Reading https://gdpr-info.eu/issues/personal-data/, it seems you could use the GDPR for, well, unexpected request. For example, if I ask Google to remove any email from me I have send, not only from my account (you can do it yourself easily, BTW) but also from the account of the people who have received the mail (provided it is still there and owned by Google) and the Google server. I do not see why that's would not be possible. At the other hand, at least in some countries (Belgium, for example) email is the legal equivalent of a paper letter and can be used to prove something (that you have agreed to a contract, for example). This would obviously jeopardize this. Note that a paper letter would not be necessarily better... Has someone an experience about how the GDPR is interpreted?

  • Hi, welcome to Law.SE. It would help if you could as a more specific question. For instance, do you want to know about how email you have sent to other people is treated by the GDPR? Aug 4 '19 at 9:38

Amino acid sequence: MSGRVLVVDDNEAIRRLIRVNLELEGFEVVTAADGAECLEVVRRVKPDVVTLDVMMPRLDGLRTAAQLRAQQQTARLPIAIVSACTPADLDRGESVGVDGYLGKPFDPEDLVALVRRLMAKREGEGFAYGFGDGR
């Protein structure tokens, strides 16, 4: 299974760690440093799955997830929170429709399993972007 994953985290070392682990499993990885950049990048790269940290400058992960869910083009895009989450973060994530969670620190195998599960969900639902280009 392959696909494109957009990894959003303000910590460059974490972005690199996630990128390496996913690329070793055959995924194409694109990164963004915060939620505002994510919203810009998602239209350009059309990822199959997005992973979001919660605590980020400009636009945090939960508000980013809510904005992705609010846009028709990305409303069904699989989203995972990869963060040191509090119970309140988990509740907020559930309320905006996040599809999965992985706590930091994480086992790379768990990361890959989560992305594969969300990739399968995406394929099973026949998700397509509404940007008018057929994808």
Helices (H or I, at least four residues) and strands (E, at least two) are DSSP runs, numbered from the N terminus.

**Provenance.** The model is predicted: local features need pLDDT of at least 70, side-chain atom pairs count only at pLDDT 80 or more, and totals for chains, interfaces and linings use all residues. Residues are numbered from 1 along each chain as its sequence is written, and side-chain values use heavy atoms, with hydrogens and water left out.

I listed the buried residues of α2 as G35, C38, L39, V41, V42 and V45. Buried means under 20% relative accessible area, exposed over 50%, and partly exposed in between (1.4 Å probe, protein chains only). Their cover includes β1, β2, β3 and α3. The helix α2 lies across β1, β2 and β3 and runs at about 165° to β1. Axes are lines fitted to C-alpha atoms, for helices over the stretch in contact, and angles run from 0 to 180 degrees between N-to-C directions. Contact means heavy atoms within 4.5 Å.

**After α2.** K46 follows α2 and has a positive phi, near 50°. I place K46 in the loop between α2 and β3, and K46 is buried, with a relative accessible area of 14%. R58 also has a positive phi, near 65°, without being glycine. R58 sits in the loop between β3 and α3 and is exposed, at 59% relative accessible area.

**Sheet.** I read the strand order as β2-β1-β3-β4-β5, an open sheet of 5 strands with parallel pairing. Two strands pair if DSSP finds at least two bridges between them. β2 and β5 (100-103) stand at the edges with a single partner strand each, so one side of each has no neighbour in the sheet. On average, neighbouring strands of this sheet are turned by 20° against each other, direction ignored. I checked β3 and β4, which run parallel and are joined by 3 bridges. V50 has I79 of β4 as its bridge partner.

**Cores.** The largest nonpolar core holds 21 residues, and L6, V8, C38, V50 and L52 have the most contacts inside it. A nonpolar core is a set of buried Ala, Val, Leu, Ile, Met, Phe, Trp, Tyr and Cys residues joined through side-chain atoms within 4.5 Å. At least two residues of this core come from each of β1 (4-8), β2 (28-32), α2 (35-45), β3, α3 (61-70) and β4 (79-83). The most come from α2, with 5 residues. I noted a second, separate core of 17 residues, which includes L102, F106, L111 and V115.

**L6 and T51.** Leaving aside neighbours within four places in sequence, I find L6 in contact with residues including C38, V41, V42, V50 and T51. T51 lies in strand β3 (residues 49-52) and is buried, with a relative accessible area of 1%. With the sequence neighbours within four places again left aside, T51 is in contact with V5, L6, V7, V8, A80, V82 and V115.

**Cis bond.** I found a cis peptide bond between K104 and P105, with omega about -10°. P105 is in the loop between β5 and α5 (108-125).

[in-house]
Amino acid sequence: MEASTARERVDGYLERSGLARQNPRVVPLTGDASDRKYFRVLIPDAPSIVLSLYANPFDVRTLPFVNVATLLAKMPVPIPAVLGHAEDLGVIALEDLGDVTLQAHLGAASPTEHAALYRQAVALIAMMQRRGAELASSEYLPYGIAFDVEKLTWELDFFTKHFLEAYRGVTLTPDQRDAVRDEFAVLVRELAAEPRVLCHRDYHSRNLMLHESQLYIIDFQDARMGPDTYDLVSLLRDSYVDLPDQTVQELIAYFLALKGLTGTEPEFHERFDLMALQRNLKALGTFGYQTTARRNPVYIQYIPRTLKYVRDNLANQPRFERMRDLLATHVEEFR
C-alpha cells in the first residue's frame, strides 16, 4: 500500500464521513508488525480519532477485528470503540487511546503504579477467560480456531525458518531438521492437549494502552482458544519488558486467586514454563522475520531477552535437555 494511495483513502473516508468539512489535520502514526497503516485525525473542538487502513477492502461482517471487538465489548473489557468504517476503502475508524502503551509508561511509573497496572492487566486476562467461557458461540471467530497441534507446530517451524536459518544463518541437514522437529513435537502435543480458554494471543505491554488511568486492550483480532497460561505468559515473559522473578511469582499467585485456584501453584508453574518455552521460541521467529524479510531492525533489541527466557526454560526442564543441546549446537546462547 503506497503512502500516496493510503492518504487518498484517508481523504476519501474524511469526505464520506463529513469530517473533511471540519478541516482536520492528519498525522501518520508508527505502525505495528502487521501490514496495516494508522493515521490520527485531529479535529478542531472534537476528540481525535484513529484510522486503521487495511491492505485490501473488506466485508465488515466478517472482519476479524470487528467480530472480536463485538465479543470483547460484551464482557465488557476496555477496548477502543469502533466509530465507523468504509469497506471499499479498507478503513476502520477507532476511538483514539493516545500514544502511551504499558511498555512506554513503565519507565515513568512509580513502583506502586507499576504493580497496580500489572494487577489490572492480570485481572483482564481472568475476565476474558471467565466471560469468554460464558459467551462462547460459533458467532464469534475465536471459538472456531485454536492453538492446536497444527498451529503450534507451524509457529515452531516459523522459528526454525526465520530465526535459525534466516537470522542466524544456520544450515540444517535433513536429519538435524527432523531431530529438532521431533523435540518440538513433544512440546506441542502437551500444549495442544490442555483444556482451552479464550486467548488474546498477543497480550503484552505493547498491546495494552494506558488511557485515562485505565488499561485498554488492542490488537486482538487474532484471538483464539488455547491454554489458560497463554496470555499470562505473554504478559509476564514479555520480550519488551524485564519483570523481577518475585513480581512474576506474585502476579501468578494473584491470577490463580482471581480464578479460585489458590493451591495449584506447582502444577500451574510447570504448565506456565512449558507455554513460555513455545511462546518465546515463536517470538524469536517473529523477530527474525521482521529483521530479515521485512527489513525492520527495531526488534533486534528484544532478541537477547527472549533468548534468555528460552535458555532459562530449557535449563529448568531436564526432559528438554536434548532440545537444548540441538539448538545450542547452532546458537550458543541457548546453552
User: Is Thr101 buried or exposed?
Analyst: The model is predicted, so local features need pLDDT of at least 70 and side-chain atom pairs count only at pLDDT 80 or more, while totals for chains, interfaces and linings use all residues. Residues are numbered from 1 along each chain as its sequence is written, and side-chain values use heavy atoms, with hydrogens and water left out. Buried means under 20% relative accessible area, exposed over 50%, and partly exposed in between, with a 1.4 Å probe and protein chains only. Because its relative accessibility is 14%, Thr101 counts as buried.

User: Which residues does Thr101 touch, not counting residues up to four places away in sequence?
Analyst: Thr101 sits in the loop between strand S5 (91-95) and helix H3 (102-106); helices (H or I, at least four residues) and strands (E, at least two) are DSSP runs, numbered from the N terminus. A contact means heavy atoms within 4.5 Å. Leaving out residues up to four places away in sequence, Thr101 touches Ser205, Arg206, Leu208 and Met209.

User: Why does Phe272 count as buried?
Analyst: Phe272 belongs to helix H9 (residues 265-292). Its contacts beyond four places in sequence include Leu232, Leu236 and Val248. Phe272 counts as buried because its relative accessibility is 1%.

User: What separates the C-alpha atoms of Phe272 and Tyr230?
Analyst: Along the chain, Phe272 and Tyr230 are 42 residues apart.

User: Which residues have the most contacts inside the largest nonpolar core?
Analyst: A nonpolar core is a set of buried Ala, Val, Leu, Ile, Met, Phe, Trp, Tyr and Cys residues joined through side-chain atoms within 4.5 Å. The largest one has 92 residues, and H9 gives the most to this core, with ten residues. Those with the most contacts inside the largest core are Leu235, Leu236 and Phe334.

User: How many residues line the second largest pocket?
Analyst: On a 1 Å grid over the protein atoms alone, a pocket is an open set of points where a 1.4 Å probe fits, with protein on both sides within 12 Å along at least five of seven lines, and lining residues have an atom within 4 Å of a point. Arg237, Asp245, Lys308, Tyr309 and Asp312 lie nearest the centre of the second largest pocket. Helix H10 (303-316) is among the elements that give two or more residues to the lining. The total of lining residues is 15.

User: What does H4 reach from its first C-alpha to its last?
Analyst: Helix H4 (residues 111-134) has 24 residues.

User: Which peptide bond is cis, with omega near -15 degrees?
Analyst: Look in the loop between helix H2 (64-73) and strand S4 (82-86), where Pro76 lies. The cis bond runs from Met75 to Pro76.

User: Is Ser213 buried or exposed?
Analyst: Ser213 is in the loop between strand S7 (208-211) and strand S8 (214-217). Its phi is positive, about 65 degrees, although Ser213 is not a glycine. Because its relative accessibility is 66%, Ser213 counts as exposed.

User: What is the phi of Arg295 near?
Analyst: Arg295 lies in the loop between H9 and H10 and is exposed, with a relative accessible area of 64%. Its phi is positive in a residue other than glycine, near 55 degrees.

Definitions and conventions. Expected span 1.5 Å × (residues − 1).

• @Paul Johnson. Yes, in particular, what right, if any, do the sender have on the emails on the recipient account. I assume it is a real email really send by the sender, I do not speak of forged emails send by hackers. Aug 4 '19 at 9:42
  • I don't agree that you can ask Google to remove your emails from the accounts that have received that email. See the related question Private Messages I sent to others will never be deleted/erased from Facebook servers.
    – wimh
    Aug 4 '19 at 9:46
  • Can you edit your question to include that? Aug 4 '19 at 9:53
  • @Paul Johnson. I agree it is a duplicate. But there were apparently no legal precedent. Unless things have changed since it was answered, I would consider that this answers my question. Aug 4 '19 at 10:38

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